Anger quizzes typically pose fictional situations and ask you to rate how angry that situation would make you feel. Other questions might be about the behaviors you typically indulge in when you feel angry. These tests are for screening only and should not be relied on for a final judgment on whether and what kinds of anger problems you have.

Clinical Anger Management Tests

If you decide to seek help for your anger, a licensed counselor may have you fill out a more detailed anger test to pinpoint your problem areas more accurately. The therapist may also do an interview-style test to not only hear your answers but also to observe your responses to the questions. Don't worry. They are not trying to judge you harshly. The point is for them to get a clearer picture of how you express your anger so they can help you overcome your problems.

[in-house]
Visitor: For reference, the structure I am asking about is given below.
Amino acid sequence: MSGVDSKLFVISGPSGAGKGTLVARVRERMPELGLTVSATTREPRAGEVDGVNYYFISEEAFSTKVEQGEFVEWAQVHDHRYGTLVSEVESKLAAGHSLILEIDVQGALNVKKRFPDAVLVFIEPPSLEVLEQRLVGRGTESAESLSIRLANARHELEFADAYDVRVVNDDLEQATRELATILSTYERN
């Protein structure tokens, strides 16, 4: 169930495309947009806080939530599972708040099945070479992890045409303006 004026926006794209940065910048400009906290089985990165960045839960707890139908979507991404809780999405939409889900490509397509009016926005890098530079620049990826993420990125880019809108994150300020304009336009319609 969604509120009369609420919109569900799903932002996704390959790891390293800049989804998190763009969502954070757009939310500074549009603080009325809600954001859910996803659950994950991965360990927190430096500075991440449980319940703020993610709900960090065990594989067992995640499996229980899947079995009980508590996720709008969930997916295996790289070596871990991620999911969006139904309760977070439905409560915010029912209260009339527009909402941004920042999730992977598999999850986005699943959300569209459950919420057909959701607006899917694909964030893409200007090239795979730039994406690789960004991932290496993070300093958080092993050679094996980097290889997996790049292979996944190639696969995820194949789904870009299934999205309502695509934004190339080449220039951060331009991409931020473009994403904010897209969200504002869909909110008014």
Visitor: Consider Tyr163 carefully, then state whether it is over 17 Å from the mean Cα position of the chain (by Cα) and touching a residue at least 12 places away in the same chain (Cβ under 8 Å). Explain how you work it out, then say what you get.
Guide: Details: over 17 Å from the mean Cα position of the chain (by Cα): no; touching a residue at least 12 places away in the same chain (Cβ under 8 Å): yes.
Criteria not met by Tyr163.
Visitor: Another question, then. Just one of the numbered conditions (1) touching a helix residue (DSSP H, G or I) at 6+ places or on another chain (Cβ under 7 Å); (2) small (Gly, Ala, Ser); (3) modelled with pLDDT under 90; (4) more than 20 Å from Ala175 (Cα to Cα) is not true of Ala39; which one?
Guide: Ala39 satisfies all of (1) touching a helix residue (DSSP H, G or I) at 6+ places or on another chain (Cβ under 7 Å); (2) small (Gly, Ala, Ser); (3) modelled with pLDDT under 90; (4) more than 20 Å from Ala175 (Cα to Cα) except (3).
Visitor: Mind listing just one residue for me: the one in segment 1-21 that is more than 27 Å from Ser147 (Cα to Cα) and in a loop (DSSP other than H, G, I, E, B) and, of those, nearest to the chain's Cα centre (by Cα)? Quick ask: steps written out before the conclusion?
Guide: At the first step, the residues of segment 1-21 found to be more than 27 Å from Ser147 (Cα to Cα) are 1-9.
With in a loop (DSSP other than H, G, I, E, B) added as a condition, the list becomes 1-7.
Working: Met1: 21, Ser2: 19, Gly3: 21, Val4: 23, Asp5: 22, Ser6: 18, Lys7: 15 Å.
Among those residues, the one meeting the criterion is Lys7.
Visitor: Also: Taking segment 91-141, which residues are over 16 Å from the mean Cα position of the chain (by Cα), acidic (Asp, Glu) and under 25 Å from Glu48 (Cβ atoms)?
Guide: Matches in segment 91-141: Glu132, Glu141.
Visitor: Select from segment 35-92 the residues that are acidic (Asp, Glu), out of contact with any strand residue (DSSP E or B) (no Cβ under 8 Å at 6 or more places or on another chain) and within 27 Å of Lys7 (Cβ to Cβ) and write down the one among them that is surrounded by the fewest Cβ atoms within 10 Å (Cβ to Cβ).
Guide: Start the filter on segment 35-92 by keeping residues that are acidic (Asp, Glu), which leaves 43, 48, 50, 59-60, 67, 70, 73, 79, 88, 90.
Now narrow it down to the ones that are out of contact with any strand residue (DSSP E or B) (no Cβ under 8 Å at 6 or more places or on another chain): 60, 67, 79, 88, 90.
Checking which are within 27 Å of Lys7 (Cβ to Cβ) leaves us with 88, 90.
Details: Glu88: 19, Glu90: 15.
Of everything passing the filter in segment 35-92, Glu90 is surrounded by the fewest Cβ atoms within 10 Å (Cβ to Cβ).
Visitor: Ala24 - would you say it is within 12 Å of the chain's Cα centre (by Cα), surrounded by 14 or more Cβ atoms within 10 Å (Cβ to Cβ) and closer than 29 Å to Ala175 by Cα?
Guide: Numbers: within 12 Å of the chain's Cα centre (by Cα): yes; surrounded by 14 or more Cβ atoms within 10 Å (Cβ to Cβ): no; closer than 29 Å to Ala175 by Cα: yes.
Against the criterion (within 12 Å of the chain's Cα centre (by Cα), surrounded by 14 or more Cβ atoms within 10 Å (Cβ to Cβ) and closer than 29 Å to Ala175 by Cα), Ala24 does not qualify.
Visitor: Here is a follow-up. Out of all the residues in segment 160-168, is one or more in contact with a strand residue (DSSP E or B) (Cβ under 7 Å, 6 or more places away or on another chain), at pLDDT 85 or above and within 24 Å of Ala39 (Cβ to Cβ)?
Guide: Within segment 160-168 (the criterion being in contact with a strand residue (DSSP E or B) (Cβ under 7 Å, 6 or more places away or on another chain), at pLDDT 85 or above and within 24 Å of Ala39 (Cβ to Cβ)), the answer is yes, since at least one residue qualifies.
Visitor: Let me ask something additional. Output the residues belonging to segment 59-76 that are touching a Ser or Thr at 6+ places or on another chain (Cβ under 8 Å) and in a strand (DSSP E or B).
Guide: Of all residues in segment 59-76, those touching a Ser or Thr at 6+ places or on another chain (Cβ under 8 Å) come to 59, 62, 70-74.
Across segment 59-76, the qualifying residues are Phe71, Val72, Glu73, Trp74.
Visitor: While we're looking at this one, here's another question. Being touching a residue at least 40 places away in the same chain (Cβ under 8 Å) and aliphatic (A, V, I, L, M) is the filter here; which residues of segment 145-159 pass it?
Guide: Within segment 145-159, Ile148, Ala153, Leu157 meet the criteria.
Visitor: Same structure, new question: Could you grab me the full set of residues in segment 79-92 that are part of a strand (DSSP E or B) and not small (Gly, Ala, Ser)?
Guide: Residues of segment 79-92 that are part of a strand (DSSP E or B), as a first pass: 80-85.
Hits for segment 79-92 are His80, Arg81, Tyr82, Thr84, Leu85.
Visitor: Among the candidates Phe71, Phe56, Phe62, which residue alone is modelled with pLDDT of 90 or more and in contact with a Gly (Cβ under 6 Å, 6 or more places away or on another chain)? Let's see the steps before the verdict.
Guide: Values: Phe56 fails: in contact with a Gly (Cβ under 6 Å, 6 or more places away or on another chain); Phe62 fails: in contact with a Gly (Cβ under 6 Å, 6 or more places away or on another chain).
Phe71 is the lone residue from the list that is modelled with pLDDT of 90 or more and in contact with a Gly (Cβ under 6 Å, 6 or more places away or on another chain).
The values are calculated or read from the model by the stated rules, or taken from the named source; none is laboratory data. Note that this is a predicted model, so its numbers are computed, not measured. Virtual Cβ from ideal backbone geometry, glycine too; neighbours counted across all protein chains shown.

One test often used by therapists is the State-Trait Anger Expression Inventory (STAXI-2). This is not a free test, but therapists typically have the test on hand to use during your first session if they choose to use it. The STAXI-2 is a paper and pencil test that your therapist gives you and scores by hand. It only takes about 10 minutes to fill out the test. It is considered accurate for anyone between the ages of 16 and 63. The test has 57 questions that measure your State Anger, which is the emotion feeling of being angry, and your Trait Anger, which is related to how anger plays a part in your personality. It measures the intensity of your anger and how often you express it.

No anger problems test can give a complete picture of your anger and how it affects you and those around you. It is only one part of the assessment a therapist will use to decide what types of help to offer you.

How To Manage Anger Issues